“We have to stop that,” says Stigdon, “We have to take care of the people doing the work, so they can focus on the people we serve.”
A real community issue
Indiana’s Chief Justice Loretta Rush described the work of protecting children as “a real community issue,” but for the average person going about their day-to-day business, this is a vexing question with no clear answer on what, exactly, to do. CWG noted in its report it is not solely DCS’ job to bring order to a disorderly world. Families are complicated, under stress, and always changing. But no matter what circumstances arise, public and private institutions must all rise to meet the responsibility to make sure children are fed, clothed, educated, and most of all: safe.
Speaking as a resident of Indiana and not the head of DCS, Stigdon recalls a conversation she had recently with a group of emergency nurses at an event about the high number of DCS cases where they asked, “What do you want us to do?”
For the nurses in the room, they were likely thinking of a system-wide response as professionals. Stigdon paused for a moment, then asked, “How many of you know your neighbors?” Roughly half of the nurses in the room raised their hand, and the rest looked around sheepishly. “How many of you know their name and actually talk to them?” Most of America frequently looks like the people in that room: a declining show of hands and puzzled looks as if to say, “Who are you?”
For many families of all backgrounds, dropping children off at school or a daycare is seen as enough. For individuals paying taxes that fund food and welfare programs, it is seen as enough. It is not enough.
It’s not unfair to say Americans have become increasingly insular. Most Americans report having fewer than two close friends and only a third know the name of their neighbor. This catastrophic cratering of social connection has ripped away a lot of the personal social safety net that has been in decline since the 60’s and 70’s.
“If one of your neighbors needed help, could you identify that and help them?” Asks Stigdon. “Your contribution to child welfare isn’t calling the hotline,” Stigdon says. “It could be recognizing your neighbor is hungry, and since you’re growing a garden, you could spare plenty of tomatoes and vegetables.”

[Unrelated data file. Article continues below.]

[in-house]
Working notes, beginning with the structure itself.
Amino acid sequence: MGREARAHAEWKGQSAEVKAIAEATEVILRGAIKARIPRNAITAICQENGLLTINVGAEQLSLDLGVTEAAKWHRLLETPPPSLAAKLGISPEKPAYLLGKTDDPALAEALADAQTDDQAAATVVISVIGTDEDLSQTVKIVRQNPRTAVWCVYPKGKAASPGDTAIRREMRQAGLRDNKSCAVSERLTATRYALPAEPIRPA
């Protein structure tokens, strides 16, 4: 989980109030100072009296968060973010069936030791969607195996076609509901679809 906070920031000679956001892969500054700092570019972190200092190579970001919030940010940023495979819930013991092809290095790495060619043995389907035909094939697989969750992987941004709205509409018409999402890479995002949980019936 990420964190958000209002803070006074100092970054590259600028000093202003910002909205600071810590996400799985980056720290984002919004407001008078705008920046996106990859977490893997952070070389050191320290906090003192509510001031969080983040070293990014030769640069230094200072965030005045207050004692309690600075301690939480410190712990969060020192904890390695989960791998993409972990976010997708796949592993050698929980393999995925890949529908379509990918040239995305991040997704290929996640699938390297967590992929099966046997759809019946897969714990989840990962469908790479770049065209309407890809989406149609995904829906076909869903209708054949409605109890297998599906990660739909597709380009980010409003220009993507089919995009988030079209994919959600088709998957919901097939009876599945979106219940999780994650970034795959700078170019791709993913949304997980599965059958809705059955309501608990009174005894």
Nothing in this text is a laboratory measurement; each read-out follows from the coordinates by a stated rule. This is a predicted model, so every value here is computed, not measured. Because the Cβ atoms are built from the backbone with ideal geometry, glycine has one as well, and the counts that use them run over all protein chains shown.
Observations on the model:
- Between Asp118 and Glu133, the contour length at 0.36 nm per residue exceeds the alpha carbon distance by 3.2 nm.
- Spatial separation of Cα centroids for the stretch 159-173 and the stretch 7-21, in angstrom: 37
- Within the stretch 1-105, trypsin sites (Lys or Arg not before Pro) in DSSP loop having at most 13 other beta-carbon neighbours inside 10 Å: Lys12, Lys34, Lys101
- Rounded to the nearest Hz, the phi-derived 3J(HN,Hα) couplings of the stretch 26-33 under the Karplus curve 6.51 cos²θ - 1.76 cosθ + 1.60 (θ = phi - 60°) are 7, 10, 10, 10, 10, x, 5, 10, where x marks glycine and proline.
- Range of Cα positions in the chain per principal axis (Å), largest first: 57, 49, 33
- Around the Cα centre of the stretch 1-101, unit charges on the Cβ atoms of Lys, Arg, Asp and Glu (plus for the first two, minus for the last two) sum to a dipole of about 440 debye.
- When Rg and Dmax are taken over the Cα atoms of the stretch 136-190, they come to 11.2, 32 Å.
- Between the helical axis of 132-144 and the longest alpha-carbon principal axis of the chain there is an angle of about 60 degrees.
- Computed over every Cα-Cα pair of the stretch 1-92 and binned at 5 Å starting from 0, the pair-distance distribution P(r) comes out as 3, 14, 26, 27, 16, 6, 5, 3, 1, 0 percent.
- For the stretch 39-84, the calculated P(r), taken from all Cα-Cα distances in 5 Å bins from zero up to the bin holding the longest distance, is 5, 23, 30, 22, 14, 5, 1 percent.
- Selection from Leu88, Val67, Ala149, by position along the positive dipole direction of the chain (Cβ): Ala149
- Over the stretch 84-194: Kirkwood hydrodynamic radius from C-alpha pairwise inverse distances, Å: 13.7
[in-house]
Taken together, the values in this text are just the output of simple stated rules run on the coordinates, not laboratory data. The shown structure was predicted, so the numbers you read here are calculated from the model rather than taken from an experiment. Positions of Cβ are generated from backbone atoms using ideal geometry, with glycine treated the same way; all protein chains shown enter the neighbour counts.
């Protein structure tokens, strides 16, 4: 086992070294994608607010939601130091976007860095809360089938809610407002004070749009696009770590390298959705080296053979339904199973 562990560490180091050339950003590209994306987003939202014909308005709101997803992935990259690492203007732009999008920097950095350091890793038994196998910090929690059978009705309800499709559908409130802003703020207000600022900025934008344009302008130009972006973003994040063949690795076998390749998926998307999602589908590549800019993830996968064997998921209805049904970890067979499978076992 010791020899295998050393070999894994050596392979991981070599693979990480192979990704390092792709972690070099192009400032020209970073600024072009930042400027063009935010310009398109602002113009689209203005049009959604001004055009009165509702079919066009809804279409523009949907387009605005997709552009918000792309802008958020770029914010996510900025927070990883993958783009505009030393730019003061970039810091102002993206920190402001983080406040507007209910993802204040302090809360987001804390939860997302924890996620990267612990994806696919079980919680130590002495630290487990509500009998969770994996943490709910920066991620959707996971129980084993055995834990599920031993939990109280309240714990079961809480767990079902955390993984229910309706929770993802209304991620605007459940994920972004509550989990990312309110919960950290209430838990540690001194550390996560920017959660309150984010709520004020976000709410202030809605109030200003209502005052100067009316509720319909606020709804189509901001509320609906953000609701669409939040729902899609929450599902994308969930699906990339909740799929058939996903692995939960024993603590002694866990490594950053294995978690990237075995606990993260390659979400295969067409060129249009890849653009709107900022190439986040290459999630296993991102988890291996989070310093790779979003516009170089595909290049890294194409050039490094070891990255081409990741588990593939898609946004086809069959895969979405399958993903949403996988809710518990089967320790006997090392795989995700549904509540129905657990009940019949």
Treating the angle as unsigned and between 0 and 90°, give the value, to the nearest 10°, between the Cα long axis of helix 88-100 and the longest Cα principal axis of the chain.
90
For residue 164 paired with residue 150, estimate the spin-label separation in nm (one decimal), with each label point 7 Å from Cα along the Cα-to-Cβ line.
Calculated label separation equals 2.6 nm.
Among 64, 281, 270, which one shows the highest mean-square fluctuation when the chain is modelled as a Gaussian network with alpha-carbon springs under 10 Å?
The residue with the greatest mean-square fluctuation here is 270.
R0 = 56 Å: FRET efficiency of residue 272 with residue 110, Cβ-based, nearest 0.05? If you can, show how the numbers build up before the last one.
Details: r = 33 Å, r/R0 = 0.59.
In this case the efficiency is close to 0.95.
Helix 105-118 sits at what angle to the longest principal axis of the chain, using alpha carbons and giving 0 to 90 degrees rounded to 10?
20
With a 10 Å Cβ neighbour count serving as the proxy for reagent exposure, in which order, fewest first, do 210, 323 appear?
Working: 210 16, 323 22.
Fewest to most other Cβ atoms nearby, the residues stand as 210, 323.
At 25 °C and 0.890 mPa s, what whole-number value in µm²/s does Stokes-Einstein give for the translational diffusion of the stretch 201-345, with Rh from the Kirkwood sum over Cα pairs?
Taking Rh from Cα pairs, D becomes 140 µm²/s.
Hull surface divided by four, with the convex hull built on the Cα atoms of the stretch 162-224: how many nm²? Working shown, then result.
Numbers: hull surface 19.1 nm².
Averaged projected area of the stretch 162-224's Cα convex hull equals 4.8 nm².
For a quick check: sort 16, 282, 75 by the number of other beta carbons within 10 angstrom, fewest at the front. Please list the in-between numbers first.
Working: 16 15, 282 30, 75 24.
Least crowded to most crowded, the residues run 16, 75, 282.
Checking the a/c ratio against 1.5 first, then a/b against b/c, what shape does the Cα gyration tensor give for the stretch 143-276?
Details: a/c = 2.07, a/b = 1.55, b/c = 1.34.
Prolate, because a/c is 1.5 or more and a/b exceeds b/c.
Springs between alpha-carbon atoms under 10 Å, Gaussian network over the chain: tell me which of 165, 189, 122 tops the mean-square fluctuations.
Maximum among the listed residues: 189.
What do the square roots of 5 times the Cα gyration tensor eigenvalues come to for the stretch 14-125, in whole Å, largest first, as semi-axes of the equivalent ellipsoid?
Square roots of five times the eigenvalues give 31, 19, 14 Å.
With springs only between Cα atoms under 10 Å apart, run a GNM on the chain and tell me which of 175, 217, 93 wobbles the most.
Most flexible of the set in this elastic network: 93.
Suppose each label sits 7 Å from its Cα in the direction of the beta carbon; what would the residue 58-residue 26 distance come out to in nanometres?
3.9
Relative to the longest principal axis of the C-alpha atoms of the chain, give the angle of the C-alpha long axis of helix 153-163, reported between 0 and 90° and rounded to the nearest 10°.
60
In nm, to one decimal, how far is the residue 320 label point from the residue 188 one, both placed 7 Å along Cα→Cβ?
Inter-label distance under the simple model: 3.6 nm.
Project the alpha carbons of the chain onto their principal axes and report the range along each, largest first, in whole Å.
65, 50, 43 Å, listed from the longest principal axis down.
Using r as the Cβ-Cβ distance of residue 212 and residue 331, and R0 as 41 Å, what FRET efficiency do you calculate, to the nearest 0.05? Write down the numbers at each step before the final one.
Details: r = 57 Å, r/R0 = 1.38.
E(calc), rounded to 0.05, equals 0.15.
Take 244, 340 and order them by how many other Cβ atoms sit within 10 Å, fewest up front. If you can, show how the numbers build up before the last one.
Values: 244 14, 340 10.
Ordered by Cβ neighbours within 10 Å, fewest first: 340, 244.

I prayed for you today
With the work ahead expanding and the public’s restlessness over the state of government affairs, one wonders what attracted Stigdon, Meyer, and all of DCS to the work they have signed up to do. Stigdon gets up like everyone else in the morning, complete with a cup of coffee and her dog, Gus, “ready to take on the day.”
“It is very much a calling. Based on my personal and professional experience, I’m prepared,” says Stigdon, who has a background in nursing. “What a great opportunity I have to help the most vulnerable children and their families together at DCS.”
Stigdon goes on to say with a broad smile, “I would love for DCS to one day have families see DCS as a resource. And we have the people in place today to be able to do that.”
For Meyer, having been a part of Sylvia’s Child Advocacy Center from inception and later serving as president of the board for eight years, all while serving as Boone County prosecutor for fifteen, “It was at Sylvia’s CAC I discovered my desire to work with child welfare,” he says.
Stigdon, Meyer, Miller and the rest of DCS are all hyper-aware they can’t do everything and recognize staff members know there are times DCS will have to intervene in a child and family’s life, often permanently altering their relationships. But there is an increasing emphasis on prevention, too. DCS is forever seeking ways to provide help and keep children and families from coming into the system in the first place.
Placed in the back of Stigdon’s office is a small note taped to a whiteboard. It reads simply, “I prayed for you today.” Because like everyone else, they are humans helping humans in a messy, disorderly world. As Stigdon and Meyer steer DCS on a journey that is just beginning in a new direction, they know they can’t fix everything. But you come away knowing they have pledged to do their best to make DCS better, and in turn, to bring an end to suffering and be the beginning of hope to thousands of Hoosier children every year.